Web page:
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HIV/AIDS Conference: "Wall of silence" helping spread HIV in Pacific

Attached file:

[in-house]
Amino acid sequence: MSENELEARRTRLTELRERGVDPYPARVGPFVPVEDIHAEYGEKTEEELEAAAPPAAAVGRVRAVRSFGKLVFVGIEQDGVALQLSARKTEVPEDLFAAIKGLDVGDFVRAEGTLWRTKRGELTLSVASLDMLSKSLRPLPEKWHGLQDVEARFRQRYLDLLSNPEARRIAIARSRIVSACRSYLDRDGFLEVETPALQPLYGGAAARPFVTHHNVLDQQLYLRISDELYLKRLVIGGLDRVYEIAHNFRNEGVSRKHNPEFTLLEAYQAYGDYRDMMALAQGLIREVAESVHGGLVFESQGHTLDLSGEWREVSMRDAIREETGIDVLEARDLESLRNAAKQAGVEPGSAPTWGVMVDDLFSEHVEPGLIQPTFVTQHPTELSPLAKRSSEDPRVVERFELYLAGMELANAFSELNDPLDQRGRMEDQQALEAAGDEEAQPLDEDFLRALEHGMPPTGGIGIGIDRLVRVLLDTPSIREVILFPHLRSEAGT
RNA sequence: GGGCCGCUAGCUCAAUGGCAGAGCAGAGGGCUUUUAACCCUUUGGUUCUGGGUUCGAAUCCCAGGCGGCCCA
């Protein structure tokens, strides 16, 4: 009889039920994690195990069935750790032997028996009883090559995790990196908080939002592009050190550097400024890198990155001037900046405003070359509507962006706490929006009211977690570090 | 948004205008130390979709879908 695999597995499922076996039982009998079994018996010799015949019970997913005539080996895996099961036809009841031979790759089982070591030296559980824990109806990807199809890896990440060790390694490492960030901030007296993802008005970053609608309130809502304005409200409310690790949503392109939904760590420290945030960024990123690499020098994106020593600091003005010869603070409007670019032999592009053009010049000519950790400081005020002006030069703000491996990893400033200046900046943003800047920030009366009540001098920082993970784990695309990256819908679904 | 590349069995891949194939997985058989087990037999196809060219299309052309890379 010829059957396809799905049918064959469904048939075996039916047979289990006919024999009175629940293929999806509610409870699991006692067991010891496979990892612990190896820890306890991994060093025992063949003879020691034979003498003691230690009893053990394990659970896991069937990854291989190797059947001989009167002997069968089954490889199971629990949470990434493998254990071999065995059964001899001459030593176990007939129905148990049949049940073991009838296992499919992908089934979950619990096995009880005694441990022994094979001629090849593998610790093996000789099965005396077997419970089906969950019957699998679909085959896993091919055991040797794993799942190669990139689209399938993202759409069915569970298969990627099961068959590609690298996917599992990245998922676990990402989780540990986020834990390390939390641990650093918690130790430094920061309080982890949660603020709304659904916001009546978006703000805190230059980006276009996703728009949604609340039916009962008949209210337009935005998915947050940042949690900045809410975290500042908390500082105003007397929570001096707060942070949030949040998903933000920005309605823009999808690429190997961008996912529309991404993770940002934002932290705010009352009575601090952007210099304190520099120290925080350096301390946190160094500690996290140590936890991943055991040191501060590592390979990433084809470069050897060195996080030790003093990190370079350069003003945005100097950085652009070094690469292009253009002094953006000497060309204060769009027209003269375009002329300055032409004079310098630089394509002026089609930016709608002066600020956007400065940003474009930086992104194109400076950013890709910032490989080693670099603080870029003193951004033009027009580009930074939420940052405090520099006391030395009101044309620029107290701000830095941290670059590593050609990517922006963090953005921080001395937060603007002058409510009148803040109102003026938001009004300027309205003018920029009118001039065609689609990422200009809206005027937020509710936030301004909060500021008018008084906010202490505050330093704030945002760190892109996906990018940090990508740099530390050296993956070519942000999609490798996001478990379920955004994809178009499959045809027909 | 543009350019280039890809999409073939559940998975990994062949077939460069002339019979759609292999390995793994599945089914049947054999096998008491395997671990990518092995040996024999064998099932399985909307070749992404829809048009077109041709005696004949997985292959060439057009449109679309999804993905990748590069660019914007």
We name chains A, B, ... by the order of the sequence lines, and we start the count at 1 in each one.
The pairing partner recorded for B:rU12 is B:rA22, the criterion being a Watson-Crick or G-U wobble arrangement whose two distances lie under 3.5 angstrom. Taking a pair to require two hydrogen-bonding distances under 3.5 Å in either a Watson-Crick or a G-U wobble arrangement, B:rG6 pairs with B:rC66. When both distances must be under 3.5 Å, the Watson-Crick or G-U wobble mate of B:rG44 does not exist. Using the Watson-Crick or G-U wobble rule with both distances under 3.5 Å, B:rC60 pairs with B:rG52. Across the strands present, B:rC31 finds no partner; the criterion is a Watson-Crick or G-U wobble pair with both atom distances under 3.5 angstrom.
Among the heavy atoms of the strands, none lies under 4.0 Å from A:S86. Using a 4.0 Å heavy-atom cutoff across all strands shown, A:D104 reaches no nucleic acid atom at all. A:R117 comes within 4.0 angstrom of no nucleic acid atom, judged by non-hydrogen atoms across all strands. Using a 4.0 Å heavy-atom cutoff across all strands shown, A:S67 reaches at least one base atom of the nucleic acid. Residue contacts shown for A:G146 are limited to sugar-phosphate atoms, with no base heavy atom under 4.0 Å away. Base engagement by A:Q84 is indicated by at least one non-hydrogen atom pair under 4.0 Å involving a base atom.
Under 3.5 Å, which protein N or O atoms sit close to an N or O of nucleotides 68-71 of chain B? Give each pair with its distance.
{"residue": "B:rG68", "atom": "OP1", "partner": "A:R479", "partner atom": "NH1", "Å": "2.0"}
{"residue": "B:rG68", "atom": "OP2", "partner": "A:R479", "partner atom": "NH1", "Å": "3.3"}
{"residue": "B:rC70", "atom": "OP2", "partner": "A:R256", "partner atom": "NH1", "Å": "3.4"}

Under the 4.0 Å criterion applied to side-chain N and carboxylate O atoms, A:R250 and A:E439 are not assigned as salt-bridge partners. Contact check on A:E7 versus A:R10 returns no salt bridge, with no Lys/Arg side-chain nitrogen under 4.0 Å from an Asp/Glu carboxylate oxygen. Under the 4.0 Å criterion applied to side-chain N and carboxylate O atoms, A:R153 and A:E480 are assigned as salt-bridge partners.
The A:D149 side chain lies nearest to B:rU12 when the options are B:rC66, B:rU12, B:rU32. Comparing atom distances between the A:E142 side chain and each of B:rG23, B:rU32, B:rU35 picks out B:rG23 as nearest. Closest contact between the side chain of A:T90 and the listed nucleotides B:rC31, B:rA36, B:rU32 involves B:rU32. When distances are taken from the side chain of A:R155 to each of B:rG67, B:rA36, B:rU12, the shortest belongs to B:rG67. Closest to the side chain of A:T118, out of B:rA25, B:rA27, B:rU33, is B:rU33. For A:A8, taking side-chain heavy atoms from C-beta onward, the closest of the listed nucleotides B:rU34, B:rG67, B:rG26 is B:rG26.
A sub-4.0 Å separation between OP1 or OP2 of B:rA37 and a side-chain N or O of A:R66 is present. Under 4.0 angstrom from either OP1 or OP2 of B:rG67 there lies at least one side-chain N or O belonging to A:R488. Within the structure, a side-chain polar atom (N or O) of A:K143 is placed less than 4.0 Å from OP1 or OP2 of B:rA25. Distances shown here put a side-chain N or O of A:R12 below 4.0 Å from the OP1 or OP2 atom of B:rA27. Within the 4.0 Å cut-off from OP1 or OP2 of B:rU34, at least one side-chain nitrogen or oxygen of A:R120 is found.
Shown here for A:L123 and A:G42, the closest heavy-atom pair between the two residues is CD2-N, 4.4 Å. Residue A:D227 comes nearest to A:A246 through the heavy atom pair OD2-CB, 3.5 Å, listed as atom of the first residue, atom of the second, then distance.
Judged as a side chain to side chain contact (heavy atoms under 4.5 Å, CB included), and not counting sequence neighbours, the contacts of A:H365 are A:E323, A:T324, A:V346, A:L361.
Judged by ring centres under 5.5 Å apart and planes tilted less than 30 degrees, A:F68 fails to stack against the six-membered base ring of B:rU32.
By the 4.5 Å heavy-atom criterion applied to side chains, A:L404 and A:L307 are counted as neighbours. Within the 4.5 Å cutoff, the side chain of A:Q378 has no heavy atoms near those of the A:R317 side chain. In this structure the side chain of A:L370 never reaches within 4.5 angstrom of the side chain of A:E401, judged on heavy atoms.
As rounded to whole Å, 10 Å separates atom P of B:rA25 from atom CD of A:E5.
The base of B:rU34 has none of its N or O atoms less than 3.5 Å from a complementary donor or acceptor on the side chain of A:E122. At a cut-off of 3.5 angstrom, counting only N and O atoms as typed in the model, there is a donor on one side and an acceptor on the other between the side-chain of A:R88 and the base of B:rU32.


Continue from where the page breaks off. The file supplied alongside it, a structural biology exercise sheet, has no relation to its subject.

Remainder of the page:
Tue 25 Oct 2005 In: HIV